The role of comorbidity indices in the prognosis of elderly MDS patients

Bookmark and Share
Published: 21 Feb 2011
Views: 7351
Rating:
Save
Prof Valeria Santini - University of Florence, Italy
Prof Valeria Santini talks about the results of her research on the use of comorbidity indexes to determine prognosis for elderly myelodysplastic syndrome patients treated with azacitidine. This trial found that elderly patients with comorbidities can be treated successfully with azacitidine without any substantial increase in adverse effects, however, the level of comorbidities did have a negative influence on overall survival. Prof Santini goes on to discuss the key topics that will be covered at the haematological ecancer conference, Rome 18-20th March 2011.

2010 American Society of Hematology Annual Meeting 3rd - 7th December

Interview with Valeria Santini - University of Florence, Italy

The role of comorbidity indices in the prognosis of elderly MDS patients

 

Speaker key

 

IV         Interviewer

VS        Valerie Santini

 

 

 

IV         Could you tell us just a little bit about your study will you, please?

 

VS        Yes.  We started to evaluate our patients with MDS, who are mainly elderly people above 60 years of age, and above 75 in the majority of cases, for their co-morbidities because we had the impression, and now we have the data, showing that patients with high scores of co-morbidity do not get appropriate treatment.

 

IV         Now, you're using azacytidine?

 

VS        Exactly.

 

IV         What difference did the co-morbidities make?

 

VS        Now, in fact patients with high co-morbidity evaluated with different scores receiving azacytidine, did show the same improvement, haematological improvement, complete remission, as patients without co-morbidities.  Meaning that in fact we have to treat these patients, and they deserve to be treated with the standard azacytidine therapy as the other ones, even if co-morbidities, of course influence outcome in the sense of overall survival because of their intrinsic severity.

 

IV         Within that group of older patients were there differences between sub groups of patients?

 

VS        Indeed.  In patients with lower co-morbidities – you know that co-morbidities are judged by scores, precise scores – they do get shorter overall survival even if they respond well to azacytidine.  So now our further goal and steps will be addressed to evaluate whether treatment with azacytidine significantly prolonged survival even in co-morbid patients.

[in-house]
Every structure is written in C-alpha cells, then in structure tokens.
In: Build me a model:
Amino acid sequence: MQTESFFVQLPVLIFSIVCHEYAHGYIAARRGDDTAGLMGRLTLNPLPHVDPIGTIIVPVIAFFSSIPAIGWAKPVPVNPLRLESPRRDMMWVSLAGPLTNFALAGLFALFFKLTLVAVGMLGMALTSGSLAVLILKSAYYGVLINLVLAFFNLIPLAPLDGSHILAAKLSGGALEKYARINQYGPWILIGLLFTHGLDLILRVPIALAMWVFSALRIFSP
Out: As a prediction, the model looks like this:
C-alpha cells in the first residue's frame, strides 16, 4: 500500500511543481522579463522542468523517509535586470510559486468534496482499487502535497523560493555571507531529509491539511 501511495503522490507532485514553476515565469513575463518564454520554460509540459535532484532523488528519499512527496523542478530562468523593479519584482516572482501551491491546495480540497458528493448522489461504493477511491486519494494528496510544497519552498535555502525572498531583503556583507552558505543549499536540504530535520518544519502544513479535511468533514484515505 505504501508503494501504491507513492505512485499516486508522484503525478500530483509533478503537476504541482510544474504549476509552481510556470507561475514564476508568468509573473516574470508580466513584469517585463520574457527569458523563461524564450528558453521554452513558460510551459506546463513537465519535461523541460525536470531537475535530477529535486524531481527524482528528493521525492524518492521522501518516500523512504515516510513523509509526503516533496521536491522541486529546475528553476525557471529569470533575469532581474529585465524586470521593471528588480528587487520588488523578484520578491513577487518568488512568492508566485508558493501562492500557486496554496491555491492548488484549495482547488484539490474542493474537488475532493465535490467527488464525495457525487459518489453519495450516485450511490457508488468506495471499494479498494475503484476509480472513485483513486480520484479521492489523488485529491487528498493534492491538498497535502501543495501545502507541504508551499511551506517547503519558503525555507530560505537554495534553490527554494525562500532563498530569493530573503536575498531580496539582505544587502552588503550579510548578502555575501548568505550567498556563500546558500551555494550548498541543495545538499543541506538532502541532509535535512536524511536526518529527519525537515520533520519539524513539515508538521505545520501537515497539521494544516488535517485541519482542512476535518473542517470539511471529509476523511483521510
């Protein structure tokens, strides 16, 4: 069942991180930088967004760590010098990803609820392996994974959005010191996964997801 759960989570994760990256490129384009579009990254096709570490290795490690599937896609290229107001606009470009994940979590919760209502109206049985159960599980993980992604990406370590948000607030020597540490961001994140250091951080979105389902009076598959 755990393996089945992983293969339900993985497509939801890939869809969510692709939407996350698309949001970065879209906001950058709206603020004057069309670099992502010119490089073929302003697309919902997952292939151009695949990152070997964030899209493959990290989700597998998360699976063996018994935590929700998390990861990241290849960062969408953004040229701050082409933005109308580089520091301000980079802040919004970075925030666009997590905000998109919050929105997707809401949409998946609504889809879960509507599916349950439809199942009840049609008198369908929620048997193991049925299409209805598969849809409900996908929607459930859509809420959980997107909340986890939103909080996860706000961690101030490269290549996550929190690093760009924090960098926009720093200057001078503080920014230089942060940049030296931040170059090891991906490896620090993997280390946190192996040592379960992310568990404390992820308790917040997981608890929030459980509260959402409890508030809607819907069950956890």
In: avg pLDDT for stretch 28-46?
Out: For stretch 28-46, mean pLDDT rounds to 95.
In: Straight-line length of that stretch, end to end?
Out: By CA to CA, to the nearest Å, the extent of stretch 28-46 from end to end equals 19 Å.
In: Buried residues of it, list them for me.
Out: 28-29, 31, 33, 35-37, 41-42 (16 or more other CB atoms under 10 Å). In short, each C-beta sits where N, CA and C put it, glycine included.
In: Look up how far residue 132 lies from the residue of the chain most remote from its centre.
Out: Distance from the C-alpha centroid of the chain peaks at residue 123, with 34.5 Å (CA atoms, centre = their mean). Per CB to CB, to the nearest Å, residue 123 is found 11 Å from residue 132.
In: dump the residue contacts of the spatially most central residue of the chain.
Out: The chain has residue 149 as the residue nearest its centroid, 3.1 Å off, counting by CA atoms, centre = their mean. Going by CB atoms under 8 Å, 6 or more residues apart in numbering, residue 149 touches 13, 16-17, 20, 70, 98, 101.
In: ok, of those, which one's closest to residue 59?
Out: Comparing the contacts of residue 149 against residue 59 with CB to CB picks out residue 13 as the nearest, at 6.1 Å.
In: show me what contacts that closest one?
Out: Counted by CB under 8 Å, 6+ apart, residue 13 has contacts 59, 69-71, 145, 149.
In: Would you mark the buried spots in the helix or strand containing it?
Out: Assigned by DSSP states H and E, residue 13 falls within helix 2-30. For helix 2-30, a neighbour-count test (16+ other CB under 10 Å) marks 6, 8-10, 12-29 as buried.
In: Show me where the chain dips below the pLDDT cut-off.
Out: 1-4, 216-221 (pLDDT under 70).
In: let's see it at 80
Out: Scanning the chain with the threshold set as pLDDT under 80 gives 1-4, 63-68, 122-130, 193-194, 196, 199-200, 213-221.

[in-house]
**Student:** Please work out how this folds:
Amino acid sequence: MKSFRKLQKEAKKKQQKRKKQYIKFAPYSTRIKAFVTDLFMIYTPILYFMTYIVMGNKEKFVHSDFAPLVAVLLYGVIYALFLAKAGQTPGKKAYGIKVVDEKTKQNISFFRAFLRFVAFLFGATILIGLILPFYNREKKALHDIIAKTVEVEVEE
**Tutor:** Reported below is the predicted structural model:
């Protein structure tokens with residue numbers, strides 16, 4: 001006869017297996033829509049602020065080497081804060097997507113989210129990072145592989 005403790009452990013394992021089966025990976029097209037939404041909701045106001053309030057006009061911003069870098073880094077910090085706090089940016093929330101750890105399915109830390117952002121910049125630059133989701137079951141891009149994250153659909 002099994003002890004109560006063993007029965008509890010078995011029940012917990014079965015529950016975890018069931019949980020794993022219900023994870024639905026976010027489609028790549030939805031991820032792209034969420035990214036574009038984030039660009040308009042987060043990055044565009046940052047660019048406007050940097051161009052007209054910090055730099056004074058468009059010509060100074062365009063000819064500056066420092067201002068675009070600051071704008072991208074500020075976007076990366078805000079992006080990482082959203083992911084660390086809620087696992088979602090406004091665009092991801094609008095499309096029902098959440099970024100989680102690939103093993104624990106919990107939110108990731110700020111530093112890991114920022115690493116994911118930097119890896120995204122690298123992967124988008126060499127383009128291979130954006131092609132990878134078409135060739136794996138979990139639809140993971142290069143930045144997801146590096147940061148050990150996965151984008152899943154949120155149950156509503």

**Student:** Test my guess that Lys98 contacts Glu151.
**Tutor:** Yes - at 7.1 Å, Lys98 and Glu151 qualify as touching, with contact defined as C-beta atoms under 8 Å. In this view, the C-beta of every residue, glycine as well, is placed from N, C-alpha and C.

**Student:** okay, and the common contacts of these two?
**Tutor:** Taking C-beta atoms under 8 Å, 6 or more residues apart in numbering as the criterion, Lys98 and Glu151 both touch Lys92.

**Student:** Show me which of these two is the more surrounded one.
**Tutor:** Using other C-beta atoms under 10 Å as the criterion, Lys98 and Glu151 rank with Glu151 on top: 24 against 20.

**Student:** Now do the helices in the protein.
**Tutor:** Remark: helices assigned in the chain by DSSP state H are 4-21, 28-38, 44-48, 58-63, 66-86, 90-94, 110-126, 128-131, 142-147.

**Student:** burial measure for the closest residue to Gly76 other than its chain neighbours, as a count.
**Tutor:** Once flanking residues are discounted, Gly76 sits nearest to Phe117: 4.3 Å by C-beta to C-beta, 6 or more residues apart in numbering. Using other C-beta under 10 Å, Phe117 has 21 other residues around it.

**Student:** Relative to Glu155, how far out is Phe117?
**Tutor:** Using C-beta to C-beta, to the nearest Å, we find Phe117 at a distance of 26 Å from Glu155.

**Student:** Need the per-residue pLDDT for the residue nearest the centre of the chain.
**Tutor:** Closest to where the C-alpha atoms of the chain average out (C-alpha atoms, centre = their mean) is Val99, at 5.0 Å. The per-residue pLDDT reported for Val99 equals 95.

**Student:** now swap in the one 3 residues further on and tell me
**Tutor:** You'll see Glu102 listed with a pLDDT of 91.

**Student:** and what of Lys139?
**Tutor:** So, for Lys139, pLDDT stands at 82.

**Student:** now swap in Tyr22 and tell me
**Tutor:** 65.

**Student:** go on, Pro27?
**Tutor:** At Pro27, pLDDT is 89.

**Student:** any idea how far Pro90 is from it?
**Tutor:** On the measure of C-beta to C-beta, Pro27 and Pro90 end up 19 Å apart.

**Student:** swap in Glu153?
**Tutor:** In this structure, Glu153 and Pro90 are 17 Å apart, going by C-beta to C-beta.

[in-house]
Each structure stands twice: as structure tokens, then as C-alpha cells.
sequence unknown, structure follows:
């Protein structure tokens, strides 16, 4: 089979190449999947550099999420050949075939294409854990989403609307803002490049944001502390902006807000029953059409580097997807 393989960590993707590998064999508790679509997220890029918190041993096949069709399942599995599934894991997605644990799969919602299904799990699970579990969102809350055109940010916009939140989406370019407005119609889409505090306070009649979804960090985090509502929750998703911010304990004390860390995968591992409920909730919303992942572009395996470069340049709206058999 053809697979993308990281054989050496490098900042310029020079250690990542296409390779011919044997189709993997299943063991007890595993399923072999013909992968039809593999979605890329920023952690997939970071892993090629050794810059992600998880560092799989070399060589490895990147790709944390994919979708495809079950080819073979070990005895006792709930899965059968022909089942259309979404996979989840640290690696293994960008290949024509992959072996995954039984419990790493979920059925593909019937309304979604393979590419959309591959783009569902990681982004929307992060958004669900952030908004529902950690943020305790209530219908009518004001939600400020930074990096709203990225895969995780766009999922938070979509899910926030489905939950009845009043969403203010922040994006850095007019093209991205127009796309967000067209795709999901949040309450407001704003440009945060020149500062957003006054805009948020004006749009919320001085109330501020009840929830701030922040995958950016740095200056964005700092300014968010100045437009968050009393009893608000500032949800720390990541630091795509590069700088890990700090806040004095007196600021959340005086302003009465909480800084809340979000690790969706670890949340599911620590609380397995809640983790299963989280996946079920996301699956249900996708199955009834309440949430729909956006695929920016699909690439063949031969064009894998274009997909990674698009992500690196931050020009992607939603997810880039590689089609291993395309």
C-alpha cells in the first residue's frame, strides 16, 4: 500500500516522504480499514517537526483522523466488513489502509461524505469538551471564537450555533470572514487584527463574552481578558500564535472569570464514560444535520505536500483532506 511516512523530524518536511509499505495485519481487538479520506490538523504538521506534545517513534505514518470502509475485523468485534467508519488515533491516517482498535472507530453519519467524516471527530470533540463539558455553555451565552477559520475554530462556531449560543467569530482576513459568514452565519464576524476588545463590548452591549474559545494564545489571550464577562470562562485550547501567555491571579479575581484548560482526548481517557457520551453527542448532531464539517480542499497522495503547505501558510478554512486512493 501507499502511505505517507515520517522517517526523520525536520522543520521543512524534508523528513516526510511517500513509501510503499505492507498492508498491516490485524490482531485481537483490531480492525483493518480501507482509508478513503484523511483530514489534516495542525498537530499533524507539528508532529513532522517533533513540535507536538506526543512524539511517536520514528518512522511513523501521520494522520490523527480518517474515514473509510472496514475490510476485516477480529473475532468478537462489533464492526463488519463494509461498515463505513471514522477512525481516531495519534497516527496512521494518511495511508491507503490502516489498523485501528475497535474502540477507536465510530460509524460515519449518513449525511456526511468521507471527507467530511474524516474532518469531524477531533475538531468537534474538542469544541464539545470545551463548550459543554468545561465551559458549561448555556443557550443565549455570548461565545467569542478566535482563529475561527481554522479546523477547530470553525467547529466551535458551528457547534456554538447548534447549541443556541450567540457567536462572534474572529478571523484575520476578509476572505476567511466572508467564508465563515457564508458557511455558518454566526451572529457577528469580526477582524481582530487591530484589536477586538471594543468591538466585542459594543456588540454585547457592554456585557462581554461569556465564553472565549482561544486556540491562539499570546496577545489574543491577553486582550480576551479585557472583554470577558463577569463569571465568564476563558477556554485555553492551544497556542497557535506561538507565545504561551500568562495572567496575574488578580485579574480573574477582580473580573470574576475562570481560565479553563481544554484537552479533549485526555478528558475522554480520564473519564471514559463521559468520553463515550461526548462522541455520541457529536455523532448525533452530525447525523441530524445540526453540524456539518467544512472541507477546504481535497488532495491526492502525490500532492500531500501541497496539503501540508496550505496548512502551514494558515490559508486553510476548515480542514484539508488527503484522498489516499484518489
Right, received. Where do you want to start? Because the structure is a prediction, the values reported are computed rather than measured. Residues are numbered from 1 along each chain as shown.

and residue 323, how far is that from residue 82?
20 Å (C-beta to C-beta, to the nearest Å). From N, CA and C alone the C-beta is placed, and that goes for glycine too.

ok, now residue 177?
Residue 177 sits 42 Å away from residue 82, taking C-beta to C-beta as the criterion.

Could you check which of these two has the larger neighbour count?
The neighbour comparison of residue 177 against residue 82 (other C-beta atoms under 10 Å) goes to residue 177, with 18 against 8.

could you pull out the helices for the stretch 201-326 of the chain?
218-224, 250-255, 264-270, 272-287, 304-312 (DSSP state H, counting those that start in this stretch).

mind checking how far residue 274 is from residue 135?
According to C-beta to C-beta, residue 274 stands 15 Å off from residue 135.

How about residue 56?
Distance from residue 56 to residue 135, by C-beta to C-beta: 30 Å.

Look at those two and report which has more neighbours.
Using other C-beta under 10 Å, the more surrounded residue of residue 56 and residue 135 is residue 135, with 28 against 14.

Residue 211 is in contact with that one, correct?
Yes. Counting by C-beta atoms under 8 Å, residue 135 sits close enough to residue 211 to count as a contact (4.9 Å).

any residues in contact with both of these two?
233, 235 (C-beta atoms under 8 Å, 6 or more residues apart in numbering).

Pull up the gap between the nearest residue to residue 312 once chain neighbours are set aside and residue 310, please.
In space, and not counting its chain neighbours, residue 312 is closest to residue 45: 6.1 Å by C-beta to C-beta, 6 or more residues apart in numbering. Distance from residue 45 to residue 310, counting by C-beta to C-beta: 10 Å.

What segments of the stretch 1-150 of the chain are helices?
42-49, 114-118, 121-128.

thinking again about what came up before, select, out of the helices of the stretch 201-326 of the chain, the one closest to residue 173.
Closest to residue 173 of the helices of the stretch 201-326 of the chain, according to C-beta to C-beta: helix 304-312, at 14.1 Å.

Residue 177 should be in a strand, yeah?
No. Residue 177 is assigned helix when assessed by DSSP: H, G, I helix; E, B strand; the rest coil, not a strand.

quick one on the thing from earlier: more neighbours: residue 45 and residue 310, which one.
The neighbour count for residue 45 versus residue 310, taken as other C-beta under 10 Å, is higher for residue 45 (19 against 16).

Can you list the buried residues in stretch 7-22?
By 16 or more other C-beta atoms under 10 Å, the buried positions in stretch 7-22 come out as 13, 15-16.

IV         So what is the main message coming out of your study?

 

VS        The main message is that patients, or elderly patients, and especially very elderly, so above 75 years of age, should be evaluated also with co-morbidity scores before treating with azacytidine, but they have to be treated.

 

IV         But they do benefit?

 

VS        They do benefit, they do achieve a response, and they do not show more adverse events or less tolerance than not co-morbid ones.

 

IV         And I can’t possibly let you go without asking you about the Rome meeting because there is a meeting in Rome, in 2011, in March that we’re all getting quite excited about, and it’s about cancer in older patients.  What do you think is the importance of this meeting?  You’re on the steering committee, aren’t you?

 

VS        Yes.  The meeting; I look forward to this meeting because we are going to discuss thoroughly the problems relating to ageism in a way, so the fact that many elderly persons do not receive appropriate treatment. We want to discuss the data showing exactly the countries so that the patients, despite their age can really take... have a significant advantage by being treated appropriately.

 

IV         So you’re saying there can be discrimination?

 

VS        Absolutely, yes.

 

IV         But you think this could change?

 

VS        It must change because patients are really responding, they have longer survival for solid tumours and haematological diseases – so there is a lot of attention now directly to elderly cancer patients.

 

IV         Valeria Santini, thank you very much for joining me here...

 

VS        You’re welcome.

 

IV         ... on a busy day at the American Society of Hematology.

 

VS        Extremely busy.

 

IV         I hope to catch up with you in Rome at the cancer meeting, so thanks for being on ecancerTV.

 

VS        Thanks.